When a musician's gender becomes a counterproductive cliché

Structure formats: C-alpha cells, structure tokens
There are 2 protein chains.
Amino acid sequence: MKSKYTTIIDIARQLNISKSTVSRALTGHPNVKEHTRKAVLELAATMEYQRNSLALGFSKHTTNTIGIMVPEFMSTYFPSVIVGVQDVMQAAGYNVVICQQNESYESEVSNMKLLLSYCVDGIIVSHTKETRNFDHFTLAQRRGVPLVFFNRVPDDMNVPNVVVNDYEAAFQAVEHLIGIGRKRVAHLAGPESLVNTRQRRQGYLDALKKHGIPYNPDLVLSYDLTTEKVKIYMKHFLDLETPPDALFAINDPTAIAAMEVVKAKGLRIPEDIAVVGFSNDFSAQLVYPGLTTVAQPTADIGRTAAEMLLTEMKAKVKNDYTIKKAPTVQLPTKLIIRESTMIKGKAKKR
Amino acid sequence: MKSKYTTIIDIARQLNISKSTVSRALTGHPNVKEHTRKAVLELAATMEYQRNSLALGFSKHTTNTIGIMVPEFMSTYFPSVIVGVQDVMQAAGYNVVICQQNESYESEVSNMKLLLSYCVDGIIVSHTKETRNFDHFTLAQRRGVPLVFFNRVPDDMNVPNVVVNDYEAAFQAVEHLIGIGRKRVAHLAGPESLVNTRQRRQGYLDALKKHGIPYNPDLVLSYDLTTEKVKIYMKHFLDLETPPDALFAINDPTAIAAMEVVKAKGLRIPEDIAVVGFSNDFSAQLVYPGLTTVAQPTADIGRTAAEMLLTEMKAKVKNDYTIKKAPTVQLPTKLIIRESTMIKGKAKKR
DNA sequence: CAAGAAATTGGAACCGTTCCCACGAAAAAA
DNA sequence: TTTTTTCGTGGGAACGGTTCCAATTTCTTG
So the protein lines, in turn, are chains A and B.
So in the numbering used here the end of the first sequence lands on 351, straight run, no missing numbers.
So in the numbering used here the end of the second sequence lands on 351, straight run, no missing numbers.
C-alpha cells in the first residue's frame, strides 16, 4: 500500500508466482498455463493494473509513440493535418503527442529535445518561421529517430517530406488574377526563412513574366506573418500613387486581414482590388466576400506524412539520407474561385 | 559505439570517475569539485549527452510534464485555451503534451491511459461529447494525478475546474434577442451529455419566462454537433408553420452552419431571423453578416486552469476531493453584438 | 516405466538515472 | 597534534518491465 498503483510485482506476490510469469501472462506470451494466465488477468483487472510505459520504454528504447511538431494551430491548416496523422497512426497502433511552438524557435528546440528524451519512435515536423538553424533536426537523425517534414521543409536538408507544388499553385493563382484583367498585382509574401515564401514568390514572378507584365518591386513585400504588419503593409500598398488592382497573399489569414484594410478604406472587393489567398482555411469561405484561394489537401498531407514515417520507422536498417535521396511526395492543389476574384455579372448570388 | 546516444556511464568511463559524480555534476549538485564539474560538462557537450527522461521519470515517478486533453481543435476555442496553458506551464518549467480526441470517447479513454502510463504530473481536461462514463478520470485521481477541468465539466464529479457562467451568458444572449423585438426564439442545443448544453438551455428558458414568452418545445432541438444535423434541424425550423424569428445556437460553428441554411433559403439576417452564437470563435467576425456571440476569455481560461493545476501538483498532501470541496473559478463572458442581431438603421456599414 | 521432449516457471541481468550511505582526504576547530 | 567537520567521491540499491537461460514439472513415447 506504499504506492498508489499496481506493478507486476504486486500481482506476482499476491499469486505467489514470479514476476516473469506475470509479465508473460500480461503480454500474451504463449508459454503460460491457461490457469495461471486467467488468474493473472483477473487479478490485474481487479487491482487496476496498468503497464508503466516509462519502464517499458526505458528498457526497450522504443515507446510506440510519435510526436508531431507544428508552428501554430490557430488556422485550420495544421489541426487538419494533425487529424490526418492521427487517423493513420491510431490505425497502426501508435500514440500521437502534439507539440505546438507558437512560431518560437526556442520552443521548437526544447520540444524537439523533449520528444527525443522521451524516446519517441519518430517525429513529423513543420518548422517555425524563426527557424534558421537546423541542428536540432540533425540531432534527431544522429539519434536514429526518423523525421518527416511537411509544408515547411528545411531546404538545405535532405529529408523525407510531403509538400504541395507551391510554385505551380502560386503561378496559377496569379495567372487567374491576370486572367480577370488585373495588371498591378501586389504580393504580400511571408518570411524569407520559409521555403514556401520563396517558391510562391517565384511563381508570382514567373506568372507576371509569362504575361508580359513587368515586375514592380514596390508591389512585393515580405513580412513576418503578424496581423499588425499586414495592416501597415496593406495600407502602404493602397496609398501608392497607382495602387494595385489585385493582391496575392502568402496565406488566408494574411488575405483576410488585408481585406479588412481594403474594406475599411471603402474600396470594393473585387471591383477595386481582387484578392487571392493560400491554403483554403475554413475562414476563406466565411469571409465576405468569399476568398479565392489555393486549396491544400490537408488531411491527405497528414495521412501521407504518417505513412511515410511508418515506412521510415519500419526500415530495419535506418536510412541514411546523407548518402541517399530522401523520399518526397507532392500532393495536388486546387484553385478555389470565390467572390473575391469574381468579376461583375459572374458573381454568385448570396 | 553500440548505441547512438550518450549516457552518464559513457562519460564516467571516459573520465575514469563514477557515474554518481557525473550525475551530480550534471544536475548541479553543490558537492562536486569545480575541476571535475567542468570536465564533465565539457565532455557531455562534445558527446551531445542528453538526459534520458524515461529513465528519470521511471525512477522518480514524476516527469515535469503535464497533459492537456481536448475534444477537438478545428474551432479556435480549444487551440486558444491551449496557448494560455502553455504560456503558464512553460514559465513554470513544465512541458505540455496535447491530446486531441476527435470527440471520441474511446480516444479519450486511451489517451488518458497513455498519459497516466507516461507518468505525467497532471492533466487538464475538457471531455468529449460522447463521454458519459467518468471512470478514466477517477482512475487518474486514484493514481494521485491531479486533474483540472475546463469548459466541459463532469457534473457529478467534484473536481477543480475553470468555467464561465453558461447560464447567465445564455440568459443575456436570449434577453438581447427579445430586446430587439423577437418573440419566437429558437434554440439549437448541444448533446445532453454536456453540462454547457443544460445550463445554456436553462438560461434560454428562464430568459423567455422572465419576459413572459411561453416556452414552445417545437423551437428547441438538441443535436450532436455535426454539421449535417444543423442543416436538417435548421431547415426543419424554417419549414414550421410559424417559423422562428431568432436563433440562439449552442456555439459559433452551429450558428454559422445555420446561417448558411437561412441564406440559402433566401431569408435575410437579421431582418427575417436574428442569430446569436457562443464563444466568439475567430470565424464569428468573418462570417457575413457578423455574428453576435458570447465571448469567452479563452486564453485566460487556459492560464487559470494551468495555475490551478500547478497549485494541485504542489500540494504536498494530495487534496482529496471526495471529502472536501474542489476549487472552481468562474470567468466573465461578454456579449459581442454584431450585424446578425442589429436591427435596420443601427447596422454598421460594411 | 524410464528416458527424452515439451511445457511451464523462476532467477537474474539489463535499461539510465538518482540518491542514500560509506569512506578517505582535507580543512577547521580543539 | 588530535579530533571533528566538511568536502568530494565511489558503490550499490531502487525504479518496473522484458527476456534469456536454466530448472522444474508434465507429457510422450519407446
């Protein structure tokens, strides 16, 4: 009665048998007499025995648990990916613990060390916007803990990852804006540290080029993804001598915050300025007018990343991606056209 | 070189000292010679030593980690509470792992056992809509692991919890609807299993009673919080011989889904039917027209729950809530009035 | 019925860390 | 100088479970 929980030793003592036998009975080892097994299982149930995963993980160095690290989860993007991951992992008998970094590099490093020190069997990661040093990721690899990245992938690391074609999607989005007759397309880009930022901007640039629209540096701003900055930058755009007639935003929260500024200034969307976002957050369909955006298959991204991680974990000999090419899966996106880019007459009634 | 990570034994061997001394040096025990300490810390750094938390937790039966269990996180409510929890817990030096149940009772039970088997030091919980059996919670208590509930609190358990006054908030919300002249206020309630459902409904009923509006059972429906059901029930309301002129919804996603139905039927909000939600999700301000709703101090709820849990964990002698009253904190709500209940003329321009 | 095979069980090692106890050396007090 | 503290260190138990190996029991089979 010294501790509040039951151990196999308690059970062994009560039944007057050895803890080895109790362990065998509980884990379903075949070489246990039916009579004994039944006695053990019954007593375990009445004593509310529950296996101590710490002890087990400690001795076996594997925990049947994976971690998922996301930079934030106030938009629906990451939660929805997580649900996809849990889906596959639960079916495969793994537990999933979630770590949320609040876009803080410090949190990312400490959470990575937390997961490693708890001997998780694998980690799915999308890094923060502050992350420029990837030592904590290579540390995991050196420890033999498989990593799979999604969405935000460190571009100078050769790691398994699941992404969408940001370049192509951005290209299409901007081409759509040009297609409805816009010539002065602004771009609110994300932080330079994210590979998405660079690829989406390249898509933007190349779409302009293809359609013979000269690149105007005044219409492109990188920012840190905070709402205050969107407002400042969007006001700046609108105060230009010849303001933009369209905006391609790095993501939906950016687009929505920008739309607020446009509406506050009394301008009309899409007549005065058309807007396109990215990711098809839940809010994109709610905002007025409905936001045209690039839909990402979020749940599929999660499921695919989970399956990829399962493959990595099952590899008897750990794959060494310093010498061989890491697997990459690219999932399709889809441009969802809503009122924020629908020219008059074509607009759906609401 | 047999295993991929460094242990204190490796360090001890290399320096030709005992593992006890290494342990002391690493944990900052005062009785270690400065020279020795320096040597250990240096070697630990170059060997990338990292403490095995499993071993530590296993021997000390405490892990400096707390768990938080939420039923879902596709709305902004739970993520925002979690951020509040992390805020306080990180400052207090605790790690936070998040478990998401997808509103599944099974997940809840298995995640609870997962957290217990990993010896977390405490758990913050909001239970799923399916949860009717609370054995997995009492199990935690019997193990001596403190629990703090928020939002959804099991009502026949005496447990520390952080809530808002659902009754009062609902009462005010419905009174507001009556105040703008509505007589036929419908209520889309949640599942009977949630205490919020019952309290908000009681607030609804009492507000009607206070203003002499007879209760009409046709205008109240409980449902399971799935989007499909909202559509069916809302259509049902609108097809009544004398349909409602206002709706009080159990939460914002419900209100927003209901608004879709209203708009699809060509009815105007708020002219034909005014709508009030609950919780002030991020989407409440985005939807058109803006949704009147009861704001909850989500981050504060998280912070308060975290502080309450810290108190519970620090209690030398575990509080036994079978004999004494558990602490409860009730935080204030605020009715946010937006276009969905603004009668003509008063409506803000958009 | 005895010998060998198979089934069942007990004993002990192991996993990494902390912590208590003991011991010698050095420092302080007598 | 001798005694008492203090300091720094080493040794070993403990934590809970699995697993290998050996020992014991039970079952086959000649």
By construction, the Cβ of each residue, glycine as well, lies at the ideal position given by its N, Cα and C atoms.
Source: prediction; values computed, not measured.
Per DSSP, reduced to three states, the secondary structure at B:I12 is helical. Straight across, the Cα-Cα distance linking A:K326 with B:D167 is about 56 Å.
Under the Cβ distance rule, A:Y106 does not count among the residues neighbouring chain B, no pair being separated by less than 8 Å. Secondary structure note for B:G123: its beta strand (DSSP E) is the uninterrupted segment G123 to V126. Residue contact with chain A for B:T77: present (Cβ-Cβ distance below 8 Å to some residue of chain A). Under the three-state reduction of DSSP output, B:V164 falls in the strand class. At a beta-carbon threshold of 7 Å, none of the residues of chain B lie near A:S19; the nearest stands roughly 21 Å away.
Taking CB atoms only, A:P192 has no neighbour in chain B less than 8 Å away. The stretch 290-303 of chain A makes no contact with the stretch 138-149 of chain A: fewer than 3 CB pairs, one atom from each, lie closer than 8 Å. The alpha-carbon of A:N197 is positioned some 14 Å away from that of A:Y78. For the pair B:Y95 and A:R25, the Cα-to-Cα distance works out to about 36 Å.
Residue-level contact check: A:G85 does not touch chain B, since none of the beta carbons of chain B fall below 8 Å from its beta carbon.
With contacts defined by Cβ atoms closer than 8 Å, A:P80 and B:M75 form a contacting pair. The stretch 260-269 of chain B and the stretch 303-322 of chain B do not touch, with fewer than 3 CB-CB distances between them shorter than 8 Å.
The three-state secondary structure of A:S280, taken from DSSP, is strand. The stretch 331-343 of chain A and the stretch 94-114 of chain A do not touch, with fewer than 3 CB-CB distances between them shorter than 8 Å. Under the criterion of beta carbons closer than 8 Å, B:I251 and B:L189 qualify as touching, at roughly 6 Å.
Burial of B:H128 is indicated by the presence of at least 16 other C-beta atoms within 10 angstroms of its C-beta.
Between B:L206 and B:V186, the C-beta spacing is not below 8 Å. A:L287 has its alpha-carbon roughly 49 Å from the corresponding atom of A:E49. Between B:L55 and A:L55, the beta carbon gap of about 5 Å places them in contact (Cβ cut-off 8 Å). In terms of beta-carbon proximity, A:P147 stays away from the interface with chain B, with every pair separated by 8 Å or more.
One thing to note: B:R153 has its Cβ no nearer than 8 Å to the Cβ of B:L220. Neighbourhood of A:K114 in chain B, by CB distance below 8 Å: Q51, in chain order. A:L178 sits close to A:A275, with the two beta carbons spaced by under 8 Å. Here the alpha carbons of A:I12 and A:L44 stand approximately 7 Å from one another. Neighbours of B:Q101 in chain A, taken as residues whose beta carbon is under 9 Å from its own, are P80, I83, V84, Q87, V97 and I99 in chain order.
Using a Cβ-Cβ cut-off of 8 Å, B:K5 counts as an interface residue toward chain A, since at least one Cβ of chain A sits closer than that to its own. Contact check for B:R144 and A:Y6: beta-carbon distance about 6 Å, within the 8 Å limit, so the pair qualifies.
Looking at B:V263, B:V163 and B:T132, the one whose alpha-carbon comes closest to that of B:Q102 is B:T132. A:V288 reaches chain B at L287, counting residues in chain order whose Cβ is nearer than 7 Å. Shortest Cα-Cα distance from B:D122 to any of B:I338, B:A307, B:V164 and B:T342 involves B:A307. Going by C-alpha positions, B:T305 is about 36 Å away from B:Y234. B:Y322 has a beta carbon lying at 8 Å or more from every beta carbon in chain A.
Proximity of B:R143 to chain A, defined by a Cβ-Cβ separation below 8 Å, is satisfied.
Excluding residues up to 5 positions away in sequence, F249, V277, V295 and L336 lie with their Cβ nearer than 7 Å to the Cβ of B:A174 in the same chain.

Bracingly acerbic new works for period instruments commissioned by the Freiburger Barokorchester are showcased on the double CD seen above which was released in 2006. A year after its release I broadcast two of the featured works, Rebecca Saunders' Rubricare and Benjamin Schweitzer's Flekkicht, juxtaposed with the Sixth Brandenburg Concerto on Future Radio. This week there was extensive coverage of the excellent news that Rebecca Saunders had won the Ernst von Siemens Music Prize. Predictably the coverage was dominated by Ms. Saunders' status as the first female recipient of the prestigious prize. But none of the coverage mentioned two other salient facts which were highlighted by me in a 2016 post titled 'Beware of classical music's viral circles'. The first is that Rebecca Saunders has quite rightly become one of the pre-eminent composers of her generation despite having a minimal online footprint. The second is she has suffered comparative neglect at the BBC Proms - just one Albert Hall performance - compared with other composers, both female and male, who churn out music more amenable to social media hyping. When will the lazy music media realise we have now reached the tipping point where majoring on a musician's gender becomes a counterproductive cliché?
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